There is something I must say first. THIS PURPLE SWEET POTATO. The pretties thing I have ever seen. They grow out in Cali and also in the south. I have been able to find them here in Atlanta. They. Are. Gorgeous. Unlike other purple vegetables that lose their color when cooked, these just intensify. They’re not too sweet either which I love. If you can find them, grab them. You can use them in any recipe that calls for regular sweet potato. Ummmm… imagine a purple sweet potato pie. Ugh. So pretty. I saw these and immediately thought that something special needs to be made. That is when I came up with Sweet Potato Brûlée. Mind. Blown.[ezcol_1third][/ezcol_1third] [ezcol_1third][/ezcol_1third] [ezcol_1third_end][/ezcol_1third_end] [ezcol_1third][/ezcol_1third] [ezcol_1third][/ezcol_1third] [ezcol_1third_end][/ezcol_1third_end]
I have to admit: I have only attended two traditional Thanksgiving dinners my whole life. Those two I ended up hosting and should probably call them semi-traditional since I can’t help but stray from straight up good ol’ American fair. Since we don’t have family in the same country, my parents would book vacations during Thanksgiving break. When we weren’t away, we went to our family friends for a Cuban Thanksgiving. Not traditional in any sense. They would have pork, croquetas, arroz y frijoles, tostones, and these guava filled pastries that I still dream about. No turkey, no stuffing, no gravy, no green beans with French’s crispy onions, no candied yams or sweet potato casserole.
I was such a newb when I hosted our first Thanksgiving two years ago. I made a comment that went something like, “maybe we make a beef roast instead of turkey!” and this caused such an uproar. Thanksgiving was almost moved to someone else’s house and I was not going to be invited. To save Thanksgiving in the name of tradition, our friends Laura and Trey came over the morning of with a prepped oven-ready turkey, football-watching game faces on, and a dish filled with sweet potato casserole. Whooaaa. First time I’ve ever actually seen sweet potato casserole. I was told that it’s a classic and no real Thanksgiving is complete without it.
The next year, I had requested the classic. This year, since I’m not as new to this anymore, I’ve decided to make my own version. Since I am not classic in any sense of the term, I thought, why not roast the sweet potato, brûlée the tops, sprinkle with cinnamon and then blow torch some torn marshmallows on top?? Whhhhaaaaaaattttttttttttttttt. (Note: Laura will still bring over the classic this year.)[ezcol_1half][/ezcol_1half] [ezcol_1half_end][/ezcol_1half_end] [ezcol_1third][/ezcol_1third] [ezcol_1third][/ezcol_1third] [ezcol_1third_end][/ezcol_1third_end]
Let me first say that this is the most beautiful side dish you’ll make, not to mention how easy it is to put together. FIVE INGREDIENTS! First, I wrap the potatoes in tin foil and roast them until they’re soft and sweet, slice them open, sprinkle with sugar, torch the tops until the sugar is caramelized, dust with cinnamon and fancy salt, top with torn marshmallows and torch again. Done. I know the classic sweet potato casserole will always have marshmallows but since I’m not crazy about them in general, I make a version without it. If you do not have a kitchen torch at home, you can broil the tops in the oven as long as your attention is only on those potatoes. 5 seconds too long and you’ll end up with bitterness.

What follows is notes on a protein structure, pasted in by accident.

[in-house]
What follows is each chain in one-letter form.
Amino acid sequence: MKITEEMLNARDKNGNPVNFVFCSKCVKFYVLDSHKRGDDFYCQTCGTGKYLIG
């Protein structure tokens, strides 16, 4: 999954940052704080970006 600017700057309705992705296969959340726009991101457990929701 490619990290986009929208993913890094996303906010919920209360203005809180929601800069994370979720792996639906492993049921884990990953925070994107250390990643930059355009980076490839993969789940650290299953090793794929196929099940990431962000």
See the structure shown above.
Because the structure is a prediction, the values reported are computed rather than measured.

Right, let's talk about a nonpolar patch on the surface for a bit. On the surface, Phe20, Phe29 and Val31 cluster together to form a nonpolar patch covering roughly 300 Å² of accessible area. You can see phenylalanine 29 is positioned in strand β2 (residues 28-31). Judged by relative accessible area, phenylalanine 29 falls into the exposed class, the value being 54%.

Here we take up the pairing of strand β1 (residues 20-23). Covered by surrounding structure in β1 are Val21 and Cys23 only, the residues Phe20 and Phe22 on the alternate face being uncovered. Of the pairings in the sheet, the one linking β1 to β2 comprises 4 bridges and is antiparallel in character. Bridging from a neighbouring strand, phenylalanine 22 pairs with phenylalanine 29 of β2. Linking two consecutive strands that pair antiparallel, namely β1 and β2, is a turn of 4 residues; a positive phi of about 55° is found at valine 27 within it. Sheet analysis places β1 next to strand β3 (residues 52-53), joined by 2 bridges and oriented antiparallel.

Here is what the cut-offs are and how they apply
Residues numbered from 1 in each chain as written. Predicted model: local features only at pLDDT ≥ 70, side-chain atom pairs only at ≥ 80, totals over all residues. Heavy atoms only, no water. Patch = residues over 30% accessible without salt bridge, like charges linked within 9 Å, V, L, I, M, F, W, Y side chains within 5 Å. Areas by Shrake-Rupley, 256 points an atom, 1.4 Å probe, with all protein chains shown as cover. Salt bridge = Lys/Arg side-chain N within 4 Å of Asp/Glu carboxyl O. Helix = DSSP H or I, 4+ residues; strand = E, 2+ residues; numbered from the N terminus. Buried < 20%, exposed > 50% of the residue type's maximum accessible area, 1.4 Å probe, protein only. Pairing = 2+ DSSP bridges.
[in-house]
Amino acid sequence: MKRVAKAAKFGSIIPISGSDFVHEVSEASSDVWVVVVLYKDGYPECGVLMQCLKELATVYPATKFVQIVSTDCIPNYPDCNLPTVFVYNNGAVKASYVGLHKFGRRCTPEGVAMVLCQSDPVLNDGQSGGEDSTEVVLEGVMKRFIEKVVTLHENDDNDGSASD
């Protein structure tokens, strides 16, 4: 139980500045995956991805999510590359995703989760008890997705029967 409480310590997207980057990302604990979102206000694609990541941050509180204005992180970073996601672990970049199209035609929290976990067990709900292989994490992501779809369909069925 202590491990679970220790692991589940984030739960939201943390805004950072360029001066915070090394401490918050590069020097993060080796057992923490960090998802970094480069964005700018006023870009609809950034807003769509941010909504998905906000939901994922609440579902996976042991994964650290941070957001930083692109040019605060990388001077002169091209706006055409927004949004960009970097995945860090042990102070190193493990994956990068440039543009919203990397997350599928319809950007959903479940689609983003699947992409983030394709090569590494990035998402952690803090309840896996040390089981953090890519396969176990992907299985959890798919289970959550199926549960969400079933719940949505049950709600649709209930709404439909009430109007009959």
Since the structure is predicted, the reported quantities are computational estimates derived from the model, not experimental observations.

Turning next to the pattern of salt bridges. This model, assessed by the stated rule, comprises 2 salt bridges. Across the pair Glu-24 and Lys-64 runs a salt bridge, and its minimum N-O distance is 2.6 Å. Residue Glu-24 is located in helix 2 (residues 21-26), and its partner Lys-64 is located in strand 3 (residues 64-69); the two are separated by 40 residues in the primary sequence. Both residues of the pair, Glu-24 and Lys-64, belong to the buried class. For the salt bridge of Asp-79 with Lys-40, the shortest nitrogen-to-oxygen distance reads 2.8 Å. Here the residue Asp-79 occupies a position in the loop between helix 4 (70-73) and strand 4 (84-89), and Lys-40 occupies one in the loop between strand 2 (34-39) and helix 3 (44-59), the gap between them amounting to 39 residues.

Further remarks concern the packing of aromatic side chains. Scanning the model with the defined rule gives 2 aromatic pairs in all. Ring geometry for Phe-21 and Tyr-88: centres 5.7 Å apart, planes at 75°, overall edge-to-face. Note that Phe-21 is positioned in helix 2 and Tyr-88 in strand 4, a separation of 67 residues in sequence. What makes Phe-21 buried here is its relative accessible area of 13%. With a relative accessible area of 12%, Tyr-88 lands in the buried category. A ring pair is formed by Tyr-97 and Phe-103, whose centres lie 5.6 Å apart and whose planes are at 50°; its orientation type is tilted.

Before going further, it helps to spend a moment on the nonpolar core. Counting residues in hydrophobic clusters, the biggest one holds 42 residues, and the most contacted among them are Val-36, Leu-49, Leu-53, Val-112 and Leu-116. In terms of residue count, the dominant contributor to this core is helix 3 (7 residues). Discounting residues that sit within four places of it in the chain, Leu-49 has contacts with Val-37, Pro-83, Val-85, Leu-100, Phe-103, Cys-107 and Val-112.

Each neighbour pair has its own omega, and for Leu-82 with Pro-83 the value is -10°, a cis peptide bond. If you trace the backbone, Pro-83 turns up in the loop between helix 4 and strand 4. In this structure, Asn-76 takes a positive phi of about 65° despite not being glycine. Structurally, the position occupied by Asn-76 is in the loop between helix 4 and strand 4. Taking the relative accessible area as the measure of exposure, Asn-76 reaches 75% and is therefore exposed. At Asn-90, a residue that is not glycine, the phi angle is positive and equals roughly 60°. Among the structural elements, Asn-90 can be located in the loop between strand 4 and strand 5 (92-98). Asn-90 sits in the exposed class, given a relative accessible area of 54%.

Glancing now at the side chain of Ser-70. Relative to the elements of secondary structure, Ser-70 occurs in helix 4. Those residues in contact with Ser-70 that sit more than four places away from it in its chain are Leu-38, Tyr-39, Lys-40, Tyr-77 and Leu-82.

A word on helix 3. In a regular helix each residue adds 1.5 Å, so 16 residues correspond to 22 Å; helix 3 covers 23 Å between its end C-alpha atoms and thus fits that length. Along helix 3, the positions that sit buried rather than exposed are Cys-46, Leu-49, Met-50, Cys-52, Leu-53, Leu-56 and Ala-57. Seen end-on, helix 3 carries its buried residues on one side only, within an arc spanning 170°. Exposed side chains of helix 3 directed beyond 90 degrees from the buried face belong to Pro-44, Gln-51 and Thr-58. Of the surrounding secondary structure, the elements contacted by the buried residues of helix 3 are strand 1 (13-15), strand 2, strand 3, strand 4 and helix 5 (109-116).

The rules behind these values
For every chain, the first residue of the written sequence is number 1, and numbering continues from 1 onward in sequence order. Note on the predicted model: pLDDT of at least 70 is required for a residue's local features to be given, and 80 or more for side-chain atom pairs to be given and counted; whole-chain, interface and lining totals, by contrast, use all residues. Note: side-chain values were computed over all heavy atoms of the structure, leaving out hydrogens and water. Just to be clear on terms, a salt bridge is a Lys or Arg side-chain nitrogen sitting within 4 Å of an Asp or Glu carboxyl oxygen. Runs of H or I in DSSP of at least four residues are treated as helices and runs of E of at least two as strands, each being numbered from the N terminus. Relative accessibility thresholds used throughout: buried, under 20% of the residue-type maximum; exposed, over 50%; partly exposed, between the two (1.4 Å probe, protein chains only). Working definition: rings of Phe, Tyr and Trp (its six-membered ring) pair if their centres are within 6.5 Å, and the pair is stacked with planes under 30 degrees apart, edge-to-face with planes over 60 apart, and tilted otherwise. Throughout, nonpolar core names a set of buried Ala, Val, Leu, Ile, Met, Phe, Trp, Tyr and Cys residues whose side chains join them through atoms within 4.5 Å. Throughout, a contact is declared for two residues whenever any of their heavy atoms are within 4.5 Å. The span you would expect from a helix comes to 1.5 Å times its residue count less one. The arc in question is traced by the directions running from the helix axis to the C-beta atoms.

Thanksgiving is very much about the sides. Yea, the turkey is at the center of the show but what really ends up shining are the additions. Sweet Potato Brûlée is definitely a show stopper.
SWEET POTATO BRûLéE
each potato is 2 servings[ezcol_1third]sweet potatoes (I used red and purple sweet potatoes here)
Maldon or other flake finishing salt
cinnamon[/ezcol_1third] [ezcol_2third_end]Pre-heat the oven to 400˚F. Wrap each sweet potato individually in tin foil. Roast until soft for 1 – 1/2 hours depending on the size of the potatoes. Remove them from the oven and allow them to cool.
When you brûlée sugar on top of something that is moist, it will loose it’s crunchiness the longer it sits. Keeping that in mind, I recommend torching or broiling no earlier than a half hour before serving.
Slice the sweet potatoes in half lengthwise sprinkle the tops with a very generous amount of sugar from edge to edge. I used at lease 3 teaspoons of sugar on each potato. Transfer the potatoes onto a baking sheet. Torch the tops until the sugar is bubbly and caramelized. Tear the marshmallows and place pieces on top of the caramelized sugar. Torch slightly until they puff and char a bit. Sprinkle with Maldon salt and cinnamon. Serve.
If you do not have a kitchen torch: Set a rack in the upper third of the oven and pre-heat the broiler to high. Place the sugared potatoes under the broiler for 2-4 mintues until the sugar is bubbly and caramelized. Top with the torn marshmallows and place under the broiler on again for just another 20-30 seconds. Sprinkle with Maldon salt and cinnamon. Serve. [/ezcol_2third_end]